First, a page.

|As the Impossible and Beyond burgers take off, will real veggie burgers go extinct?|
Superiority Burgers, made from vegetables, grains and beans.
There was a strange thrill in finding a veggie burger advertised on the menu of a beer bar in my hometown on Long Island. For years, I had to drive to far corners for explicitly vegetarian restaurants or pick up something frozen from the supermarket to enjoy what would usually be a blend of grains, beans and cheap vegetables. Here was a sign that times were truly changing, yet when it arrived and I took a bite, I immediately began to tear up, looking at my sister with terror: I was so sure I’d just eaten beef, for the first time in years. When the waitress returned, I asked, “Is this a veggie burger?” She replied, “Yes, it’s a Beyond burger.” I couldn’t finish it, so uncanny was its resemblance to actual ground beef. My appetite was lost, and I pined for the days of driving 20 miles for something recognizable as food — as vegetables.
That was my first experience with the new wave of tech burgers, which were brought into the world by Beyond Meat and Impossible Foods. The former has a base of pea protein, while the latter is soy based. Both have been engineered to resemble beef as closely as possible to entice carnivores to cut more beef from their diets because of its destructive impact on the environment. These were never food for vegetarians and vegans. The Impossible Burger launched itself through chefs such as David Chang, a previously vocal anti-vegetarian, and has now landed on menus at Burger Kings, White Castles and Little Caesars across the nation. These aren’t spaces known for a vegetarian-friendly ethos.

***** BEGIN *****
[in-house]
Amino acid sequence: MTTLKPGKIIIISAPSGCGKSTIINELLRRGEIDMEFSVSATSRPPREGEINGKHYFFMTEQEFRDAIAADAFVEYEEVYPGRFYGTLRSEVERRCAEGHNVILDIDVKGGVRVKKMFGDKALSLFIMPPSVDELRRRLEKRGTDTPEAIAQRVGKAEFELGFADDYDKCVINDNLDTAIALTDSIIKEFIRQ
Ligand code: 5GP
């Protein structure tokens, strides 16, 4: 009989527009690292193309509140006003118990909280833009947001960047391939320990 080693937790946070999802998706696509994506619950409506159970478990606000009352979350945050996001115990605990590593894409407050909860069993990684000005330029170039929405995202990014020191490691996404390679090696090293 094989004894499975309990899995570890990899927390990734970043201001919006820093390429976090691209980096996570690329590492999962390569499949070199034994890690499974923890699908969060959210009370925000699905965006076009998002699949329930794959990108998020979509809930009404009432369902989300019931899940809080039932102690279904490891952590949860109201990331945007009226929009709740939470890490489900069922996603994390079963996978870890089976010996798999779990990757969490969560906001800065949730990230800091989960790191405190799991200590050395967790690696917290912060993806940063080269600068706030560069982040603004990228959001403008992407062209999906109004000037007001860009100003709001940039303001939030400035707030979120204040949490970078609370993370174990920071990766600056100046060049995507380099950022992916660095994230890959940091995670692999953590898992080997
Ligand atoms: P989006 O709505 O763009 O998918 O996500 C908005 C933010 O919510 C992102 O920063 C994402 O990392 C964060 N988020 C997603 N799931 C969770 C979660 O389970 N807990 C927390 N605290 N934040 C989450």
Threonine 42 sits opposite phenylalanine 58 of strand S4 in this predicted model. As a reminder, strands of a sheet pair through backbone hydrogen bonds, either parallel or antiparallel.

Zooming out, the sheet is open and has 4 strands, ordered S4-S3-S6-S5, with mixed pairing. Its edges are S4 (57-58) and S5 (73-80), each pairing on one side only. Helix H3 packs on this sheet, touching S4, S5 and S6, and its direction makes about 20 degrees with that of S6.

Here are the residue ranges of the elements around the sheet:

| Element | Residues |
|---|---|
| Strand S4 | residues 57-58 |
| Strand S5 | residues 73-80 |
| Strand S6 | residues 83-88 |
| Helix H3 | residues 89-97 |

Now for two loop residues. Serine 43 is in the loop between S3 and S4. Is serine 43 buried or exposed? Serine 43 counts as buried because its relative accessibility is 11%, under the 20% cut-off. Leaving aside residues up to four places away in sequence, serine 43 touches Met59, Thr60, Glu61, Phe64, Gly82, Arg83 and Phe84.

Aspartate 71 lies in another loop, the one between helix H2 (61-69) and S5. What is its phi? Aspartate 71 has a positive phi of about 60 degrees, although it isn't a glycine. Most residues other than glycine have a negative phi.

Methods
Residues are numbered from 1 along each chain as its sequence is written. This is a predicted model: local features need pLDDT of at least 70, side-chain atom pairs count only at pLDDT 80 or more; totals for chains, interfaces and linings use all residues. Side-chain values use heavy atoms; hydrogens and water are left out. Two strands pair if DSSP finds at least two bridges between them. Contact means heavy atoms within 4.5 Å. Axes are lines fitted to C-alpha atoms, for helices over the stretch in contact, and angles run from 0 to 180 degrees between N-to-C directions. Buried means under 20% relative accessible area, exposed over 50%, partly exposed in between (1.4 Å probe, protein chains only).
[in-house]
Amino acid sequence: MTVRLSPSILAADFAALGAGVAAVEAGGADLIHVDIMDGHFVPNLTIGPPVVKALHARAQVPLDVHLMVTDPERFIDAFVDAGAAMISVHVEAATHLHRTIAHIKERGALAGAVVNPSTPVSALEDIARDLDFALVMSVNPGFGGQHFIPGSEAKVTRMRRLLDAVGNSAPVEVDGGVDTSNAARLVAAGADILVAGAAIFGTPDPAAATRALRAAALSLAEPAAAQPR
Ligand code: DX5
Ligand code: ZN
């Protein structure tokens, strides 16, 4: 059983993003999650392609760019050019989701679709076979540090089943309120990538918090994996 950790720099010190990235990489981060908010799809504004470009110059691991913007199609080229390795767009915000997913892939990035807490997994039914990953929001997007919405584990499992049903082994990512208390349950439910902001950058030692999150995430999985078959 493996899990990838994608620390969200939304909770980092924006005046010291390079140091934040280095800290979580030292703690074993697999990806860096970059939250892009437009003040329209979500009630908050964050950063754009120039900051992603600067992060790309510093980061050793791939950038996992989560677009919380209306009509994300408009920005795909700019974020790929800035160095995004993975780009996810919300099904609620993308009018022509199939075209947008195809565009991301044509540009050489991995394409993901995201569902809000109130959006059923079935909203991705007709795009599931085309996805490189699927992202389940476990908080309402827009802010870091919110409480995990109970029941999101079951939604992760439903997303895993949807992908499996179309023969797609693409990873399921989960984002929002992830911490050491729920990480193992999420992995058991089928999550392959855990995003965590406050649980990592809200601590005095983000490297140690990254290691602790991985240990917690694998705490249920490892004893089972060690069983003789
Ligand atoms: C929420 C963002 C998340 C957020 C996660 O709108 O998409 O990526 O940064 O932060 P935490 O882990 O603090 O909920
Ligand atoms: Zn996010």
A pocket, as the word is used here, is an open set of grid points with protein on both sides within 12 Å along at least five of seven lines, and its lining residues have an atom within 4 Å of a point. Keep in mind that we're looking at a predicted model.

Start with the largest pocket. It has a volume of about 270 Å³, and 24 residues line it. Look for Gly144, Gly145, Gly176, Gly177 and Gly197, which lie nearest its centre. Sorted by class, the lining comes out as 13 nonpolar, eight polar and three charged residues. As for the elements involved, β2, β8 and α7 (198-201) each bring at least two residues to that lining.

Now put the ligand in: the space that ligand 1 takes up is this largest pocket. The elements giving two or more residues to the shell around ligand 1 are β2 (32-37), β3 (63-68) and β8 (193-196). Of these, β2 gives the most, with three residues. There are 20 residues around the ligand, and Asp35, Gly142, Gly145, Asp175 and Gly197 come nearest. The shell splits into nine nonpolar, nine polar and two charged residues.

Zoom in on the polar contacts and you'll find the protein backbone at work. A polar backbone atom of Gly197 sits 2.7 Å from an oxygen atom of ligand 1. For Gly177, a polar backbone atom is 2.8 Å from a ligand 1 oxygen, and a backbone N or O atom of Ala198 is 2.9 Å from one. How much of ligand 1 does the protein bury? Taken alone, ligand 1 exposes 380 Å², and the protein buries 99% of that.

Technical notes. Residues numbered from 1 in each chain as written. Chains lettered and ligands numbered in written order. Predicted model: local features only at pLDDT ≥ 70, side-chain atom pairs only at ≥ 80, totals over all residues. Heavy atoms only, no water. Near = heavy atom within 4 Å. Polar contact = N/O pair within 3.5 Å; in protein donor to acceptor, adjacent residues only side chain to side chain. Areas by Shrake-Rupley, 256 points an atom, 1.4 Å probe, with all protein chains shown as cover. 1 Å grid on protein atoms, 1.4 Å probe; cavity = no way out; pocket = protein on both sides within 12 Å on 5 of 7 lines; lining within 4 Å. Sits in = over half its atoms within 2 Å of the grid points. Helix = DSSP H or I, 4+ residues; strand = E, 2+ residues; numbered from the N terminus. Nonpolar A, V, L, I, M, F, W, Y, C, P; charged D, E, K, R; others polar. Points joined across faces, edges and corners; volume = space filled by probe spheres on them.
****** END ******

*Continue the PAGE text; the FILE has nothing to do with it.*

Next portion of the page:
But the increasing ubiquity of these meat facsimiles on menus has created a strange moment for those of us who long ago chose to eschew the consumption of animal flesh: Where are the burgers for people who don’t want to eat anything that tastes like meat? What was once the most reliable menu item for non-meat-eaters has become almost overtaken by these tech options, appearing with trademark symbols on menus, and a fear pervades: Will true veggie burgers go extinct? For now, although many restaurants are choosing to put only tech burgers on their menus, others are sticking to their housemade versions or running them side by side.
</snip> Read the rest here: washingtonpost.com